Mr Dixon introduced the application and explained that it sought permission for the construction of a free-range egg (poultry) unit including the erection of a building with associated feed bins, hardstanding’s, a drainage attenuation pond, an access road (to Wells Road) and associated landscaping. Mr Dixon said that the application had been brought before the Planning Committee due to the number of objections received. He said that there had been no objection from either Stallingborough Parish Council or Healing Parish Council. Mr Dixon stated that West Lindsey District Council had not objected to the application. Mr Dixon explained that the proposed site was located in the open countryside and that part three of policy five applied as the policy stated that development proposals that support a prosperous rural economy should be supported, particularly where they promote the development and diversification of agriculture. Mr Dixon stated that the application was therefore acceptable in principle. Mr Dixon said that the application was for the building and access and did not include the roaming area for the chickens as the roaming area would not constitute development and the fence that would perimeter the roaming area was considered to be permitted development. Mr Dixon stated that the proposed building and access would be well separated from all of the neighbouring residential properties and there would therefore be no detrimental impact to neighbours such as massing or overlooking. Mr Dixon said that the building would be large and would impact the visual character of the area but due to the building being low in height and it fitting in with the agricultural setting, the development would not have an undue impact to the visual character of the area. Mr Dixon stated that an odour assessment had been submitted by the applicant which had concluded that the development would not cause undue harm to the amenities of the neighbouring residential properties. He explained that a detailed noise assessment had also been conducted which was then considered by the council’s environmental health officer who had raised no objections to the application. Mr Dixon said that the council’s heritage officer had raised no objections to the application and had determined that no further archaeological assessments need to take place. Mr Dixon stated that the applicant had submitted an ammonia emissions impact assessment and both Natural England and the Environment Agency had raised no objections to the application. Mr Dixon said that the Environment Agency had stated that there was a requirement for the applicant to have a permit in order to operate the proposed development. Mr Dixon explained that the council’s highways officer had required mitigation in order to make the application acceptable from a highway’s perspective. Mr Dixon stated that the mitigation had been agreed and the council’s highways officer had determined that the proposed development would not have a detrimental impact on highway safety and amenity. Mr Dixon said that the council’s drainage officer and the council’s ecology officer had not objected to the application but had requested conditions be included within the application. Mr Dixon stated that the application was in accordance with policies 5, 6, 33, 39, 41 and 42 of the North East Lincolnshire Local Plan and was therefore recommended for approval with conditions.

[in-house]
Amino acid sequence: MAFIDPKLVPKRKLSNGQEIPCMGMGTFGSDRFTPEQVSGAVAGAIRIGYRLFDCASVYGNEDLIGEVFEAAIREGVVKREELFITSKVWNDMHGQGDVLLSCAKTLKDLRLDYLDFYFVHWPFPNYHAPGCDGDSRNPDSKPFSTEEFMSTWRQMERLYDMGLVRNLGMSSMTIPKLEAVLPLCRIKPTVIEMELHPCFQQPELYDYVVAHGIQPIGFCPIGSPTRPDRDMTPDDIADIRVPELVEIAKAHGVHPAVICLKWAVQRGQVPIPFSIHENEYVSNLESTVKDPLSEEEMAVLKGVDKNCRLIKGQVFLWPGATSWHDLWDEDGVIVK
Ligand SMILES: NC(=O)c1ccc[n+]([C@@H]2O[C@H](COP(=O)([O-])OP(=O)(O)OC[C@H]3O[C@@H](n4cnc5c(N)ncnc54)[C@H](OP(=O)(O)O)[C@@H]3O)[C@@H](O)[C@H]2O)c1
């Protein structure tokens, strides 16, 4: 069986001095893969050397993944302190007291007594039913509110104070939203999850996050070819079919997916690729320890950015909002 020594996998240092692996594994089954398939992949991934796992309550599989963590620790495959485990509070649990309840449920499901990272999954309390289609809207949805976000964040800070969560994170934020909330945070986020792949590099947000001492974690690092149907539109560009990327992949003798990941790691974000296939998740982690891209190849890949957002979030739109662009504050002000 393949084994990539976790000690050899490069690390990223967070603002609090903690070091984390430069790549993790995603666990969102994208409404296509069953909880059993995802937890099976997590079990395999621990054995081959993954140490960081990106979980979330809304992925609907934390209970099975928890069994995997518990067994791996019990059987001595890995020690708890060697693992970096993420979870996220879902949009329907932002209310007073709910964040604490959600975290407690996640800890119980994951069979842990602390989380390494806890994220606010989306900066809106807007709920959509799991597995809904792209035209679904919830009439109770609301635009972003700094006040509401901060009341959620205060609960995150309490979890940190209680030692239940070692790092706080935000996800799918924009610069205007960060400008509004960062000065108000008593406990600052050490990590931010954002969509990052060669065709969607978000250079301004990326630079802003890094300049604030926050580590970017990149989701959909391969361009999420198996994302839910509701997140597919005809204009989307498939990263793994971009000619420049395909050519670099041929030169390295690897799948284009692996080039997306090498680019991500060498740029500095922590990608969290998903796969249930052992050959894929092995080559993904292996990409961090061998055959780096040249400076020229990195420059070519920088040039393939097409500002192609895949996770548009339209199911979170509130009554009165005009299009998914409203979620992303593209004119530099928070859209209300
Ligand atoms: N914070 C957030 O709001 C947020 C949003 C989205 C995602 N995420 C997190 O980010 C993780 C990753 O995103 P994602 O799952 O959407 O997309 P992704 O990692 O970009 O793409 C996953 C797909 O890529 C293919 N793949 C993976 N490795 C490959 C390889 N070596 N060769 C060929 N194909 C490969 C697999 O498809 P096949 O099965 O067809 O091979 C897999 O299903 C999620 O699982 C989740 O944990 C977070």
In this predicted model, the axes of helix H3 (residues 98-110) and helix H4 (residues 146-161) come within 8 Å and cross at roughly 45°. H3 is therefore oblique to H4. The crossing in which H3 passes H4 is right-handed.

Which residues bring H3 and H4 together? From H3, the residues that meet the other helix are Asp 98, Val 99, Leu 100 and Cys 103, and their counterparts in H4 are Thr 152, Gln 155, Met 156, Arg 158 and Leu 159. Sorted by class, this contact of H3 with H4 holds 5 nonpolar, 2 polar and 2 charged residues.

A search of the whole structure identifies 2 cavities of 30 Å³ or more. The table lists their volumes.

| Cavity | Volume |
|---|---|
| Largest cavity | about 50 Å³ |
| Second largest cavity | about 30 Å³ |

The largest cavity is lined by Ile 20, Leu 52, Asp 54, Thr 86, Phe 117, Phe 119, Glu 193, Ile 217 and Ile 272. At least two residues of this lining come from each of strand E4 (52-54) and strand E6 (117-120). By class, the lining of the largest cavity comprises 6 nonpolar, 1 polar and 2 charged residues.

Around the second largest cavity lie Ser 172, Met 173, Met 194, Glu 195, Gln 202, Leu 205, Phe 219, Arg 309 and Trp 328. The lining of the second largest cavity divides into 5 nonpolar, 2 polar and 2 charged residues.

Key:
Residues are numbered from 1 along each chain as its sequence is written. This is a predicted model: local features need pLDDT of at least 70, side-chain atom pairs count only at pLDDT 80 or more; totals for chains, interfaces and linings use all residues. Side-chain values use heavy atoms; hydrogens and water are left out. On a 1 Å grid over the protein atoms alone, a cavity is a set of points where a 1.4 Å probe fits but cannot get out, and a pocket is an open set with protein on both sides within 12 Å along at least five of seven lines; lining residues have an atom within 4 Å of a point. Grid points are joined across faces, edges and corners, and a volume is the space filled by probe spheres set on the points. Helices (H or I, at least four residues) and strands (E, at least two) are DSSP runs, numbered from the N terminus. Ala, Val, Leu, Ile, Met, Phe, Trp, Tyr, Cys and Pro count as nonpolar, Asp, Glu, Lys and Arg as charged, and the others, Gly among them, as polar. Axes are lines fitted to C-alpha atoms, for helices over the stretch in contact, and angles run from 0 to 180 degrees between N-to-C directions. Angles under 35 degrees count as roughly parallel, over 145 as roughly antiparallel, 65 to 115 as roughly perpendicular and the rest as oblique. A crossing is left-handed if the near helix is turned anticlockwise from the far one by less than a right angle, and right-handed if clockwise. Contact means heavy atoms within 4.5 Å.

Mr Pick spoke as the agent for the application. He said that the business was seeking to diversify due to current price volatility and weather issues. He said that the business was seeking to diversify into free range egg production as there was a strong demand in the UK. Mr Pick stated that UK supermarkets had recently banned caged egg production and wanted solely free-range egg production by the end of next year. Mr Pick said that there was a strong demand for the development and that the development would house 64,000 hens. Mr Pick explained that the proposed new development would help improve the sustainability of the current business as current fertilisation came from natural gas. Mr Pick said that the proposed new development would be enhanced by tree planting and that there would be twenty acres of trees around the new building. Mr Pick said that a permit was required from the Environment Agency in order to operate which was currently being considered. He explained that essentially the development would be covered by a two-tier control system as it had to be considered by council officers as well as the Environment Agency from an operational perspective. Mr Pick said that the proposed new development would represent a £3.2 million investment and would create jobs in the area. He stated that there were no objections to the application from any technical consultees. Mr Pick asked committee members to support the application.

Councillor Hasthorpe said that he had not received any phone calls about the application, and he normally would with a development of the proposed size. He said that no objections had been raised with him. Councillor Hasthorpe said that he thought the application seemed well thought out. He proposed that the application be approved.

Councillor Croft said that she had no issues with the application and that the farmer owned the land surrounding the site. She seconded the proposal to approve the application.

Councillor Lindley said that the nearest objector lived a third of a mile away from the site. He said that the site was agricultural fields and there had been no objection raised from either the parish councils or West Linsdey District Council. Councillor Lindley stated that he thought that it was the right place for the specific type of development and was no way near residential dwellings. He said that he was happy to support the application.